Since Ecuador cut off his communication on March 28, and leading up to the June 19 sixth anniversary of his involuntary confinement in the embassy, there has been a renewed groundswell of demands that the persecution of Julian Assange be ended. He has not committed any crime. He is the editor of an award-winning media organisation, which has informed the world of numerous cases of government and corporate criminality and abuse of power.

The demands have been raised around the world: Ecuador must restore Assanges communications; the British government must drop its pursuit of a minor bail breach and allow him to leave the United Kingdom if he chooses; and the Australian government must exercise its undeniable diplomatic power and legal discretion to secure the unconditional release of an Australian citizen and journalist facing unjust treatment.

The response of the political establishments of the United States, Britain and Australia, however, has been to continue their vendetta to silence WikiLeaks and prosecute Assange.

Mike Pence, Trumps vice president, visited Ecuador last week. On the eve of the trip, 10 of the most prominent Democratic Party senators demanded that he pressure the government of President Lenn Moreno to renege on Assanges right to asylum and expel him from the embassy.

Based on statements made after the talks, Pence does not seem to have pressed Moreno on the asylum issue. Instead, the Trump administration appears content to use the Ecuadorian government as its agent in a vindictive attempt to break Assange, physically and psychologically, by denying him his fundamental right to access and communicate with the outside world.

For its part, the May government in the United Kingdom is participating in the effort to pressure Assange to leave the embassy with no guarantees against extradition to the US.

In words dripping with deceit, Minister of State for Europe and the Americas Sir Alan Duncan told the British parliament on June 26: We would like to make the assurance that, if he [Assange] were to step out of the embassy, he would be treated humanely and properly and the first priority would be to look after his health, which we think is deteriorating.

Assanges health has been deteriorating over the past six years because the May government has refused to allow him to even temporarily leave the embassy building to visit a hospital or a dentist. Duncans real attitude to the WikiLeaks editor was made clear on March 27, when he labelled him a miserable little worm, who should give himself up to British justice.

The Labour Party opposition headed by Jeremy Corbyn has made no attempt to expose the utter fraud of Duncans statement, let alone demand that Assange be given a guarantee against US extradition and the right to leave the UK unhindered.

The Australian government of Prime Minister Malcolm Turnbull has likewise not shifted from its cowardly collaboration with the US.

Assanges father John Shipton wrote to Turnbull last month, appealing to him for assistance in extricating his son from the Ecuadorian embassy, with the necessary protections.

Turnbull has responded with a deafening silence. Moreover, the establishment media has raised not a single question of the government over Assanges condition, or even asked that it explain why it sent two officials to visit him on June 7, for the first time since he sought asylum.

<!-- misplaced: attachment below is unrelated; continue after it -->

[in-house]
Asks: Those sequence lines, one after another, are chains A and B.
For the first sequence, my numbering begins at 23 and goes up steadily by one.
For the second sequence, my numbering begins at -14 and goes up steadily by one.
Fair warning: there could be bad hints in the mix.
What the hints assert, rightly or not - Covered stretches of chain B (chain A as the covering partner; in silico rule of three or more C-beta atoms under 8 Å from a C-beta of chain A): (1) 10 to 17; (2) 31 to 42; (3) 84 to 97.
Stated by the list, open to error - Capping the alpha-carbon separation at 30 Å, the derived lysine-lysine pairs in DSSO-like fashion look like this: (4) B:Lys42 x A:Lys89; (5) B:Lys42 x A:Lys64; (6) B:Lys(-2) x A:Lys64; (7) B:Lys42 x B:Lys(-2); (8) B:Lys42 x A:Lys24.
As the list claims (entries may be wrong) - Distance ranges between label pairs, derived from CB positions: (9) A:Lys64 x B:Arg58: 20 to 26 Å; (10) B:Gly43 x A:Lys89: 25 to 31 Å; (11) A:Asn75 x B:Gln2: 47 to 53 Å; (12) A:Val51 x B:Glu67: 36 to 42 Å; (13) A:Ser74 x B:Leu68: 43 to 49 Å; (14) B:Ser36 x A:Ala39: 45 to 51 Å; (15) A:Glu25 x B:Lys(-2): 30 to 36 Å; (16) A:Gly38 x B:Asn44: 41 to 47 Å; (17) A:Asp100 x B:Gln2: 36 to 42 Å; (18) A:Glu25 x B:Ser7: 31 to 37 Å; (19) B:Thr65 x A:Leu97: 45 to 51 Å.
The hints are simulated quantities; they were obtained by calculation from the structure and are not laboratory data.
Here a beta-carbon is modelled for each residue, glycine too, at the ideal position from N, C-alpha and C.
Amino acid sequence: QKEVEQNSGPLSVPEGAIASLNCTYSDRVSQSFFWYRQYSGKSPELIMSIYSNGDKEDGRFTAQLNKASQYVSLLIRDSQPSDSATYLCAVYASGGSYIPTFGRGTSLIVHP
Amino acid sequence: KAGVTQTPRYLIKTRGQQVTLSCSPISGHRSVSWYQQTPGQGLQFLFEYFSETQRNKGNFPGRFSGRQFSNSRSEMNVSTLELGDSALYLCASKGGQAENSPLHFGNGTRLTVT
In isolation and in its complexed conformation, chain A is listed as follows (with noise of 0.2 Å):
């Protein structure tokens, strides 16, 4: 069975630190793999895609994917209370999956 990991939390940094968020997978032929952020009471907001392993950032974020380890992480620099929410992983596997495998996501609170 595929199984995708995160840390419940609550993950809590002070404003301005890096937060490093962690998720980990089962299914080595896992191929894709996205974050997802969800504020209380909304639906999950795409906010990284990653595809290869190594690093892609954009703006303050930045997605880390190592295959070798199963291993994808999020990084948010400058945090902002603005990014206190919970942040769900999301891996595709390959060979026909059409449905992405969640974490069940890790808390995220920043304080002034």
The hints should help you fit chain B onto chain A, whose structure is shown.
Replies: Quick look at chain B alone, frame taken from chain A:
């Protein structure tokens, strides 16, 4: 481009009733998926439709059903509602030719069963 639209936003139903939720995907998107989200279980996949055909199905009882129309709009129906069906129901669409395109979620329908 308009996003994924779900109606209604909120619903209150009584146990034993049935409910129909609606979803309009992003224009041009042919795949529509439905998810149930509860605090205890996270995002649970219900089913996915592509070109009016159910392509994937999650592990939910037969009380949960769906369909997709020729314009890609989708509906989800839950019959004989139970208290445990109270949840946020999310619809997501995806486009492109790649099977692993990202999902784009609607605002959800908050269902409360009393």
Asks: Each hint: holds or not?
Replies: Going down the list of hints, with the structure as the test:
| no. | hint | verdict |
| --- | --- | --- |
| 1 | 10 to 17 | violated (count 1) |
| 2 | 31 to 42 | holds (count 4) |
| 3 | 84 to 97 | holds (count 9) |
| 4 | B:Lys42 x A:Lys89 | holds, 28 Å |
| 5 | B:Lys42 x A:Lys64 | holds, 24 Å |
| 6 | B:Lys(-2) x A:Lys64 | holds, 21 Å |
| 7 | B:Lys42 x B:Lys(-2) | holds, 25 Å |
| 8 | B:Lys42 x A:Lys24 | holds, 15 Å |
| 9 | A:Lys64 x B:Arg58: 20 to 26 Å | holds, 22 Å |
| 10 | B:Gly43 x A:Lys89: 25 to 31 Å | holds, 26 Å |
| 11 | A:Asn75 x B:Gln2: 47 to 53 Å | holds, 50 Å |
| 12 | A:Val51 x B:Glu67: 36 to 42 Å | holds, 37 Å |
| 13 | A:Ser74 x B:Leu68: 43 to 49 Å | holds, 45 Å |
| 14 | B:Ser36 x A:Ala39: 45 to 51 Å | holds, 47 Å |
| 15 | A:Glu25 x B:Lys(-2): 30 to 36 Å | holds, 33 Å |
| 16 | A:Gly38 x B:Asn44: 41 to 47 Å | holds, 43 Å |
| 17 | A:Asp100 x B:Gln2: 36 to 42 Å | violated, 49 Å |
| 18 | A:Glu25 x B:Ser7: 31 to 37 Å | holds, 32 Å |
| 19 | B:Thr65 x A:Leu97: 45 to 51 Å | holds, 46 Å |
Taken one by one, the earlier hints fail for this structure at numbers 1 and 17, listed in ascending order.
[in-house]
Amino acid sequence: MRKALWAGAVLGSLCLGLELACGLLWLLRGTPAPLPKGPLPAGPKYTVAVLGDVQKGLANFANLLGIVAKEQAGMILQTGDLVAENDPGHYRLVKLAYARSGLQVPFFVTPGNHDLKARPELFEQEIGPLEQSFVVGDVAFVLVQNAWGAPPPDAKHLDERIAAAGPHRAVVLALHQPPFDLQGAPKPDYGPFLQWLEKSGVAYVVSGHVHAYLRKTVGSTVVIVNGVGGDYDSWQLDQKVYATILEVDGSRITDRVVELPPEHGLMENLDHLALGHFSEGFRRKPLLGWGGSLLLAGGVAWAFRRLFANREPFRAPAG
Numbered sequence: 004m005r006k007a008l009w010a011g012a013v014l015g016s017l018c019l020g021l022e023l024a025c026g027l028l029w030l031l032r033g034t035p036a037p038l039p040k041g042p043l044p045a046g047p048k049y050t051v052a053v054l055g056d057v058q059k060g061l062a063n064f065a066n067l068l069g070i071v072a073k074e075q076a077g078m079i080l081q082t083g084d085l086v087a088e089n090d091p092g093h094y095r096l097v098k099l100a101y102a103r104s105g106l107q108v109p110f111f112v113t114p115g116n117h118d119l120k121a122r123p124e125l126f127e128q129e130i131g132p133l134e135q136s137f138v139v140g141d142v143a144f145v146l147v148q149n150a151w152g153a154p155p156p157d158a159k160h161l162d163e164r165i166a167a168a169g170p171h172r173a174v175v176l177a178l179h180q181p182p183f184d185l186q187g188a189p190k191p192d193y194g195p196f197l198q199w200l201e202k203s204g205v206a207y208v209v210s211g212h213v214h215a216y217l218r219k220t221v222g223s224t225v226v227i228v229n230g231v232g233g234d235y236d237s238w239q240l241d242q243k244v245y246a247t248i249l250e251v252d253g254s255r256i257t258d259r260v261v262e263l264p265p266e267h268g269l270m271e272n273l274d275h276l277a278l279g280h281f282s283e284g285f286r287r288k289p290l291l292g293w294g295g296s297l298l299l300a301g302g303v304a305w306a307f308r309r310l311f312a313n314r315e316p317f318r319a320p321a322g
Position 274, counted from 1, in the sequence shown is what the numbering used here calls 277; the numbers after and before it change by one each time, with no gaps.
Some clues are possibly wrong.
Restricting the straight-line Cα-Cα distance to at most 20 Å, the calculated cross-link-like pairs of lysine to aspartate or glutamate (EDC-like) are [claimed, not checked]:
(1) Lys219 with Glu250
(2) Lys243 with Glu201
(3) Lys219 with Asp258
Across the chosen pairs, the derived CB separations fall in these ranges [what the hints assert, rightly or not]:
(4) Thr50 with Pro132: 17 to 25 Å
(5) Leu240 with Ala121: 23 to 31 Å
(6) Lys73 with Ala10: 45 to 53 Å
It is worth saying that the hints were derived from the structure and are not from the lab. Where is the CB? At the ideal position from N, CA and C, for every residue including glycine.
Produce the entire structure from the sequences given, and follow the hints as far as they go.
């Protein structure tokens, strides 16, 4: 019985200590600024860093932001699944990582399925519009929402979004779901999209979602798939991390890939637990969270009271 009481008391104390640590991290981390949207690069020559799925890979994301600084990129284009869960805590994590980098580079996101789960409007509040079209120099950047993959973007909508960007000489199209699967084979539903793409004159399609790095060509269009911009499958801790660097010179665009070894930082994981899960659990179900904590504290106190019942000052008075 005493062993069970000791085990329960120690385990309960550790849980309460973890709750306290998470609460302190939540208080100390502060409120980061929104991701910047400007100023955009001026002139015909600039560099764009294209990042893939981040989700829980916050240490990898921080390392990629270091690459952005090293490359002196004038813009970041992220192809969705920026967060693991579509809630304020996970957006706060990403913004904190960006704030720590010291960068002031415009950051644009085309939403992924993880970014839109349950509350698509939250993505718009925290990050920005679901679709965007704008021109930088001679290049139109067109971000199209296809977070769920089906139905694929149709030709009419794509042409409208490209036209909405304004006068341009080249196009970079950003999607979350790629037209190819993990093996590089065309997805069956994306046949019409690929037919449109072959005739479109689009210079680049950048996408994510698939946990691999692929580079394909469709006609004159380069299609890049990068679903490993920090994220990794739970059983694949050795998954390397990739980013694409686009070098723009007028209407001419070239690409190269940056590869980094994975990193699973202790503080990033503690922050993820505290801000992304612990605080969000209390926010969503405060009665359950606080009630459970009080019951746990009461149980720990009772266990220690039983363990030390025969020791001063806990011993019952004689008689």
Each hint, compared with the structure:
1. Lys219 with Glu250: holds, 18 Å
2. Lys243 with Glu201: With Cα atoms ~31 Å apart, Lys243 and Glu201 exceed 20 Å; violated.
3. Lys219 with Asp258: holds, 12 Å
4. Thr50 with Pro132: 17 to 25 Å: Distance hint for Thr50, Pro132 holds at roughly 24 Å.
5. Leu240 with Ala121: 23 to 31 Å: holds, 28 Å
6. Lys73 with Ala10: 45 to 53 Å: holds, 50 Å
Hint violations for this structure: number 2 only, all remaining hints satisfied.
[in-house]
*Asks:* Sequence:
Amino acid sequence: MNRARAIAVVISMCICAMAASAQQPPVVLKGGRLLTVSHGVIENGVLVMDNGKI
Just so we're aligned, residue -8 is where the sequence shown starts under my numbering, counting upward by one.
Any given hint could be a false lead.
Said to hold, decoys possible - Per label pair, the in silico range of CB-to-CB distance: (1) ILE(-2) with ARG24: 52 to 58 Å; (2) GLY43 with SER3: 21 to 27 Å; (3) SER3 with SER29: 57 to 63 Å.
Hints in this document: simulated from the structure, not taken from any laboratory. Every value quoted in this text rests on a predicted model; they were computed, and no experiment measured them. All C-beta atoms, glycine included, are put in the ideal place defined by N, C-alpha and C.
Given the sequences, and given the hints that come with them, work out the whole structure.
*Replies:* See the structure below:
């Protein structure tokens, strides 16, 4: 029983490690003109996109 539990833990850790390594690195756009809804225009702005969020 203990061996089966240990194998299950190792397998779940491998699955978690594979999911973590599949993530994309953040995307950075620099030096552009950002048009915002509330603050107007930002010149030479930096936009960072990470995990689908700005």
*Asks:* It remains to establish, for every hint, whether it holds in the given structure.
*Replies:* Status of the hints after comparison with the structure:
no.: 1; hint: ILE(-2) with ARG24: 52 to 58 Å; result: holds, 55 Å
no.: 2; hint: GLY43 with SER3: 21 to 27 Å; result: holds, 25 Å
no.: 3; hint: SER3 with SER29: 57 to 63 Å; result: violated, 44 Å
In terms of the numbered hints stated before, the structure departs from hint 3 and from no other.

The Australian Labor Party, which denounced Assange as a criminal when it was in government, has predictably also said nothing. More significantly, the Greens leadership, along with independent Andrew Wilkie, who once claimed to defend WikiLeaks and Assange, have also remained mute over the issue.

Only one member of parliament has mentioned Assange: Green senator Andrew Bartlett, who is retiring in a matter of weeks. On June 28, during debate on sweeping anti-democratic, foreign interference laws, Bartlett noted in the Senate that government member Andrew Hastie had raised Assange and WikiLeaks as examples of the kinds of individuals and organisations that the new legal powers would be required to suppress.

Bartlett used one of his last opportunities to speak in parliament, to provide at least some voice to the sentiments of millions of ordinary people in Australia.

Im not giving him [Assange] a character reference, Bartlett insisted, but I am certainly saying he has a right as an Australian citizen to receive proper support against what has clearly been an international conspiracy by governments to try and silence him. He has been kept in isolation for years. He has been basically silenced already because of the threat he poses to the statenot to the community, not to the public. These laws are attempts to criminalise and attack people like Julian Assange.

In a later contribution, Bartlett directly asked: Given that Mr Hastie specifically referred to Julian Assange, is there actually an explicit focus on the activities of him and his organisation? A government minister replied: The answer is no.

The honest answer to that question would have been yes.

Successive Labor and Coalition governments have collaborated in the persecution of Assange and WikiLeaks because of their support for the full alignment of Australian imperialism with its alliance partner, the US, in its escalating geo-strategic and military confrontation with China. The Australian ruling elite is just as hostile to an independent and critical media as its American counterpart.

There is little question that the new Australian foreign interference laws are intended to be used against media organisations that publish leaked information, which exposes US and Australian war plans against China. They can also potentially be used to criminalise anti-war political opposition and activity. Most ominously, the laws are being hailed internationally as a model for legislation in other countries.